It’s a home away from home — a second family, a safe alternative to staying home alone and staring at four walls, a respite from loneliness.
For these and other reasons, clients of the Mahoning County Adult Day Services program for senior citizens say it’s important to give thanks this Thanksgiving.
In addition, they say they are thankful for new, larger and brighter digs in Austintown at 110 Westchester Drive close to the Mahoning County Health Department, which originated the program in 1974.
“We’re not enclosed anymore. You can see outdoors,” said Mona Judy, a client, gesturing at the windows with sunlight streaming in.
The ADS program moved Sept. 14 to the Austintown site from more closed-in quarters in the Mahoning County South Side Annex on Market Street.
The ADS staff also is glad to be in new quarters.
The space is roomier and brighter and close to the board offices in case more nurses are needed quickly, said Diana Colaianni, director of nursing for the Mahoning County District Board of Health.
“Everybody loves the new space. It is open and well-lighted with windows. And everybody can see everybody,” said Joyce Naymick, activities director for the program for 22 years.
“We are in a good work area that we hope will provide opportunities for expansion and more private-pay clients,” said Patricia Sweeney, county health commissioner.
The ADS program also provides economical respite for working families that have responsibilities for elderly or disabled family members who want a facility with age-appropriate activities and good friendships in a supervised setting, she said.
“And we have a very devoted staff that includes a full-time activities director, full-time bus driver, a part-time nurse; and two aides provided through the Mature Services program,” Sweeney said.
Besides Naymick and Colaianni, staff members include Will Michael, transportation director and data input operator, and Michelle Rice, part-time nurse.
The program is for frail seniors who otherwise might need to be in more expensive assisted-living or nursing facilities, said Colaianni.
About 40 to 50 people are in the program weekly, most in their 80s and 90s and many who have been clients for more than 10 years.
For information about the program, call 330-779-3130.
Bessie Daniels of Campbell, who helps her daughter raise three young children, said she is glad to have the program during the day while the kids are in school.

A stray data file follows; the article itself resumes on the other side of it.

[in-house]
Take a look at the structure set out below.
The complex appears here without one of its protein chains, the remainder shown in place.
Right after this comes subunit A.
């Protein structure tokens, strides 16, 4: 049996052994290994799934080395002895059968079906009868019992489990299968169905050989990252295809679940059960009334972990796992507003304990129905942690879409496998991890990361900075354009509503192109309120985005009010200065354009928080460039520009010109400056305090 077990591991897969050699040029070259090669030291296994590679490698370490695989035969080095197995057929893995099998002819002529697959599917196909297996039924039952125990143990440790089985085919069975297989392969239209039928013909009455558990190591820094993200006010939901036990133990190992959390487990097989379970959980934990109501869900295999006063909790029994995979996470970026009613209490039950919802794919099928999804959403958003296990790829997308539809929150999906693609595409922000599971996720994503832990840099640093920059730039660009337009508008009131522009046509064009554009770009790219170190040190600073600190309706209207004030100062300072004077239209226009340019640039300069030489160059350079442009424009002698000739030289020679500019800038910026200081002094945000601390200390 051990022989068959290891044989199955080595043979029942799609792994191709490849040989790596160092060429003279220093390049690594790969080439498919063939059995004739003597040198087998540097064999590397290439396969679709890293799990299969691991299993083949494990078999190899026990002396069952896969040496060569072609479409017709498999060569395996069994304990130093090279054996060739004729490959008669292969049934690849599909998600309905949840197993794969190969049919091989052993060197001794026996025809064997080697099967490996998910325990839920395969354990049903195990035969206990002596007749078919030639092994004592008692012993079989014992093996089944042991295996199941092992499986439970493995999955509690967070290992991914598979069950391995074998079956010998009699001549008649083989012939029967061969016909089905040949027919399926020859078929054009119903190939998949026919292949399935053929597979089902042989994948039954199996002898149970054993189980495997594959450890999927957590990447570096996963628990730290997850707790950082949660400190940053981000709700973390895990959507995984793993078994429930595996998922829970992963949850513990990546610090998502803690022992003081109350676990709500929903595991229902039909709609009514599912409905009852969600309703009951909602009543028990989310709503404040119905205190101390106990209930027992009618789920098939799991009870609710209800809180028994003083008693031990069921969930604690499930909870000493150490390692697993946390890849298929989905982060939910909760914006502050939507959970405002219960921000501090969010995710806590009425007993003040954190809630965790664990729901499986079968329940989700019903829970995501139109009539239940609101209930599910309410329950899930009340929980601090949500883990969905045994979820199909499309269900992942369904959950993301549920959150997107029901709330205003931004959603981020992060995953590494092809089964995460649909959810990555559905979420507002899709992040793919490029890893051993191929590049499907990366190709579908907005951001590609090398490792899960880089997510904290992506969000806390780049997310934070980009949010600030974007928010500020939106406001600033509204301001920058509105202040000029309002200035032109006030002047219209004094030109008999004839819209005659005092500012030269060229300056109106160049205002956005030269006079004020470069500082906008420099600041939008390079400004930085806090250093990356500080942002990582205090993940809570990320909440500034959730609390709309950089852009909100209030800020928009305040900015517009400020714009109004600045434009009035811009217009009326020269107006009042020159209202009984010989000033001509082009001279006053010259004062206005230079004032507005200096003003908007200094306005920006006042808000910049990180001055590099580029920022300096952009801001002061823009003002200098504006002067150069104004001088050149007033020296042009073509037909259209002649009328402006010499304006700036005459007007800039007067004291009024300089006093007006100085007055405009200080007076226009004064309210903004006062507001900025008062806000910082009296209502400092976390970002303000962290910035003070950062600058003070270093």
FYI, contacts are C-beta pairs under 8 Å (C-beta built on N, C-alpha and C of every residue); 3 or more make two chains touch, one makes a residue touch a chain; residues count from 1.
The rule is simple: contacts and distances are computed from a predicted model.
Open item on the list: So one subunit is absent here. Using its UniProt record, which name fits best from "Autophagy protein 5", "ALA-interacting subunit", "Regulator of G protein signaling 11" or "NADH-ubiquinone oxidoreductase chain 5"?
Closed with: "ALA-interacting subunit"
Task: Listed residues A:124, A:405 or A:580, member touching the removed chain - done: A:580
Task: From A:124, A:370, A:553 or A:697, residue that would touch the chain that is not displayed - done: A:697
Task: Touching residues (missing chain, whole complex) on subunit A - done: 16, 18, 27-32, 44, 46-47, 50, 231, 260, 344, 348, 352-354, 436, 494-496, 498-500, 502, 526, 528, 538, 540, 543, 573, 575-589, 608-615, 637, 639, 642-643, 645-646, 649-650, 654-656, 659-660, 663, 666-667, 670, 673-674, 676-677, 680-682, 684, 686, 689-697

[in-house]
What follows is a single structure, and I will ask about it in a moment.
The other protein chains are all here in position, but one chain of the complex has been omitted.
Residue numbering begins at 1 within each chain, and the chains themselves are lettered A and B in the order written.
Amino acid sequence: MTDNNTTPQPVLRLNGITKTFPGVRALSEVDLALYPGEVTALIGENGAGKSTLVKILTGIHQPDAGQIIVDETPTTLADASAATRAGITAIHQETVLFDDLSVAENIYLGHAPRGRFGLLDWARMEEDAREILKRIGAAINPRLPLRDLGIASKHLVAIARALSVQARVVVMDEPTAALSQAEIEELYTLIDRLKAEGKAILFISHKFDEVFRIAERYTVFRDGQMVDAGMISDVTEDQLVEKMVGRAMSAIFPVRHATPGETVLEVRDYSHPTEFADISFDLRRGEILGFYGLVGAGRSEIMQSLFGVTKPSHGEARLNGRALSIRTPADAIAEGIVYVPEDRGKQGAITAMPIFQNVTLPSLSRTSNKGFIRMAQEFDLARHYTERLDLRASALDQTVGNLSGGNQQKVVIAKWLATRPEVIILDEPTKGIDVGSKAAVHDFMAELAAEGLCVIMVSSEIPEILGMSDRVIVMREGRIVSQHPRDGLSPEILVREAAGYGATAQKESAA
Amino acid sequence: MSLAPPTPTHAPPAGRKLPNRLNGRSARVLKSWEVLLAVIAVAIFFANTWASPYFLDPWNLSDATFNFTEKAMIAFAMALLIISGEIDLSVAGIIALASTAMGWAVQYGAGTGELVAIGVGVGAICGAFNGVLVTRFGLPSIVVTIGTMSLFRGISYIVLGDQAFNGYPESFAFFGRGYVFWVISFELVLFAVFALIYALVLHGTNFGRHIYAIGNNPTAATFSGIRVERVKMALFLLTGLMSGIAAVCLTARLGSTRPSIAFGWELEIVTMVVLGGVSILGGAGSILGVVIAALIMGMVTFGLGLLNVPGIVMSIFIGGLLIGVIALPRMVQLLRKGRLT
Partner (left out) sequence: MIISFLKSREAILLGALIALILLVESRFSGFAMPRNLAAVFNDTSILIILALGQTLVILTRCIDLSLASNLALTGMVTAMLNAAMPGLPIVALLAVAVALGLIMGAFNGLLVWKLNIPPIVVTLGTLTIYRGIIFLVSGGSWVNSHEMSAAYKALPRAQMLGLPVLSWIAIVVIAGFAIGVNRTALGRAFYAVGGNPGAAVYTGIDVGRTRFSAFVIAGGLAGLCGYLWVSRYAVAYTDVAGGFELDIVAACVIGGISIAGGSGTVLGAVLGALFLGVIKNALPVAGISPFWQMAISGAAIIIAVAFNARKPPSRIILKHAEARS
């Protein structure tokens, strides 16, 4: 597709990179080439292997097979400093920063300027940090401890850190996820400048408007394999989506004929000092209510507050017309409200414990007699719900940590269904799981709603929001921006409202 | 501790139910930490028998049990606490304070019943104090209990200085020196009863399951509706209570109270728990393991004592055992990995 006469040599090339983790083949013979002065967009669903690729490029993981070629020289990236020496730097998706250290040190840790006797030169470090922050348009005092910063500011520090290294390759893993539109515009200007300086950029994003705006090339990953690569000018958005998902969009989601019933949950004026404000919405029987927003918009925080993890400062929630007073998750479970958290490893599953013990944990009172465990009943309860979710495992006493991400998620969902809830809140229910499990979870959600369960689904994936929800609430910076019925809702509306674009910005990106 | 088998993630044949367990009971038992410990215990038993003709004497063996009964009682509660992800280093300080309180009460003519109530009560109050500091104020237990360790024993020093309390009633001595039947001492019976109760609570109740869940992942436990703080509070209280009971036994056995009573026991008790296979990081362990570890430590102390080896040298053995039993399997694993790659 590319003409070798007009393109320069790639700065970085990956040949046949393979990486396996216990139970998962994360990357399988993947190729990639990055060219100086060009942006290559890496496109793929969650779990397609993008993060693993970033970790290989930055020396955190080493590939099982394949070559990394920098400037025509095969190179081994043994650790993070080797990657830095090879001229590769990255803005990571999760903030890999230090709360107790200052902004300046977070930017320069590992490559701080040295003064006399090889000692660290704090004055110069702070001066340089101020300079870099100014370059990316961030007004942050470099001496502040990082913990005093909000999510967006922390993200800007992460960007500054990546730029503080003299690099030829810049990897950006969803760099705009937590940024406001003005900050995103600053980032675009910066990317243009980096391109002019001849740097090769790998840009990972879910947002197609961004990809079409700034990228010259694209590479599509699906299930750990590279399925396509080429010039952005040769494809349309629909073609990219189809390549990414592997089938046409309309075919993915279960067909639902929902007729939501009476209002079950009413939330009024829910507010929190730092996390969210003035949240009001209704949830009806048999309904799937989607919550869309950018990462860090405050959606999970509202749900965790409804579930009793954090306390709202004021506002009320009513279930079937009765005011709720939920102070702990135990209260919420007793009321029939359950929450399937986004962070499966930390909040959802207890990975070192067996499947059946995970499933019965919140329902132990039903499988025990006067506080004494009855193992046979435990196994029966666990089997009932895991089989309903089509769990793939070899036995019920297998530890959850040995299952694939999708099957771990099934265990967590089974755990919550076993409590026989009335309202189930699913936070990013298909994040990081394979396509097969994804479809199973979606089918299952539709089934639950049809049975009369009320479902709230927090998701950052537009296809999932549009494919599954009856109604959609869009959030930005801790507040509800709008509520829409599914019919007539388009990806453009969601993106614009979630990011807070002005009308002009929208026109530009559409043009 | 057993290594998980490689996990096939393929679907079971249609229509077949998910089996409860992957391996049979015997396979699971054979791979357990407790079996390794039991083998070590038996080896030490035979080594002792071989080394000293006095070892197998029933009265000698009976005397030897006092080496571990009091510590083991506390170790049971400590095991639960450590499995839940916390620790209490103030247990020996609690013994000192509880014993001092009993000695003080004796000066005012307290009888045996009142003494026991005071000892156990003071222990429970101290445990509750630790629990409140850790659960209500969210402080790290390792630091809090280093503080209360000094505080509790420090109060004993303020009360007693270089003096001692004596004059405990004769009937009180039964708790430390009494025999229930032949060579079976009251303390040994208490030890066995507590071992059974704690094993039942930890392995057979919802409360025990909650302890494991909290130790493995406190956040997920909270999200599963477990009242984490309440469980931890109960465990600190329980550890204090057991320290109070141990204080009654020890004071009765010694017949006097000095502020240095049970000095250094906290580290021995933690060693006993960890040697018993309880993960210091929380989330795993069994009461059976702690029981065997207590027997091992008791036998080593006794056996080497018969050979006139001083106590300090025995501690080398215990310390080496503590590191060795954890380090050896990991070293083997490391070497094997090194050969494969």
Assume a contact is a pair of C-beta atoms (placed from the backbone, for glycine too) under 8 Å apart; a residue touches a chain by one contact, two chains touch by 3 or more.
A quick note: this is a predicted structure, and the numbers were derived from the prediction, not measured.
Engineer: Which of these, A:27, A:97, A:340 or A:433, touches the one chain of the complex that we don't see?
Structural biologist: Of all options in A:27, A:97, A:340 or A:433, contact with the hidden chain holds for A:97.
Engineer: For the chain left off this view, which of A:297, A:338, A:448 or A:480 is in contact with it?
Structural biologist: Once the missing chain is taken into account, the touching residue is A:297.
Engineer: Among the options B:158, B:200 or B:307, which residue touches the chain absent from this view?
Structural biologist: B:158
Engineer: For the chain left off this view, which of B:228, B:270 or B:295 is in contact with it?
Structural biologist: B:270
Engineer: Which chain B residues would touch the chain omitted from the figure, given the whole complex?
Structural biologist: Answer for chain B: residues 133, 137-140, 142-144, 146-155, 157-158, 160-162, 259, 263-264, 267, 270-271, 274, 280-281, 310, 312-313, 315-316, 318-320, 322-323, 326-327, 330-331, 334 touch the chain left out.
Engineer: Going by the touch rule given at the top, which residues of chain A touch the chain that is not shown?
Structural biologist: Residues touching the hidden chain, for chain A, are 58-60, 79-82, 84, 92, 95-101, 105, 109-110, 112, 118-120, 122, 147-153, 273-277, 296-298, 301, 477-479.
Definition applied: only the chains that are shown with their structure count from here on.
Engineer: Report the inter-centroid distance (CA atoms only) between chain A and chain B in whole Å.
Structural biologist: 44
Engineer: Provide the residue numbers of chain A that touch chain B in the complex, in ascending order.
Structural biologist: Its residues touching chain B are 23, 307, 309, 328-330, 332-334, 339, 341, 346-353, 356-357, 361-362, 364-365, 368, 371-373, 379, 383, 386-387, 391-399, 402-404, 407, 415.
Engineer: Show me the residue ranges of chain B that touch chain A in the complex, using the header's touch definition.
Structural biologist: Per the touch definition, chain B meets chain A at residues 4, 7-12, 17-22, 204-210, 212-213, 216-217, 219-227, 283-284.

“I have a chance to be with adults my age. I have a lot of fun and meet a lot of people,” said Daniels, who has been in the program for 15 years.
“ I don’t have to stay home by myself all the time; they even come and get me with a bus,” said Betty McQueen of Youngstown. “All these people are my friends.”
Naomi Oates of Youngstown said she is having her daughter and adult grandchildren at home for Thanksgiving, and added she is doing the turkey and sweet potato pie.
“I love this place. We’re all friendly and look out for each other and treat each other with respect. It makes me feel good inside,” said Amelia Brewer of Youngstown.
Edward Gabrick of Cornersburg, who has been coming to the program for about 13 years, particularly enjoys the projects. The former industrial engineer at Amweld Building Products in Niles is building a whirly-jig. Gabrick said his children are happy he comes to the program and gets out of the house.
Frank Guzman of Youngstown said he is spending Thanksgiving with his family, but his coming to the program every day enables family members to get to work.
Among the many ADS activities is the annual Christmas raffle for four baskets created by Naymick. Tickets, available in the Nursing Division or at ADS, are $1 each or six for $5. The drawing is Dec. 7.
The ADS program is funded by the PASSPORT program through the Ohio Department of Aging, Title III through Area Agency on Aging, fees and donations.
None of this would have been possible without philanthropists Anthony and Mary Lariccia and their family, who gave the program $60,000 in 2008 when it was threatened with closure and pledged the same amount every year as long as it is needed. To date, they have gifted $300,000 to ADS, Colaianni said.
“We are all thankful we have a better, brighter and larger space for our seniors, and for the cooperation of the Austintown Township trustees, who own the building, and the Mahoning County Board of Commissioners. We are blessed,” Colaianni said.
“I come here every day. If you stay at home all you get are four walls. There is no one to talk to. It was depressing. Here they keep our hands moving and our minds in gear. We are like brothers and sisters ... this is like family,” Judy said.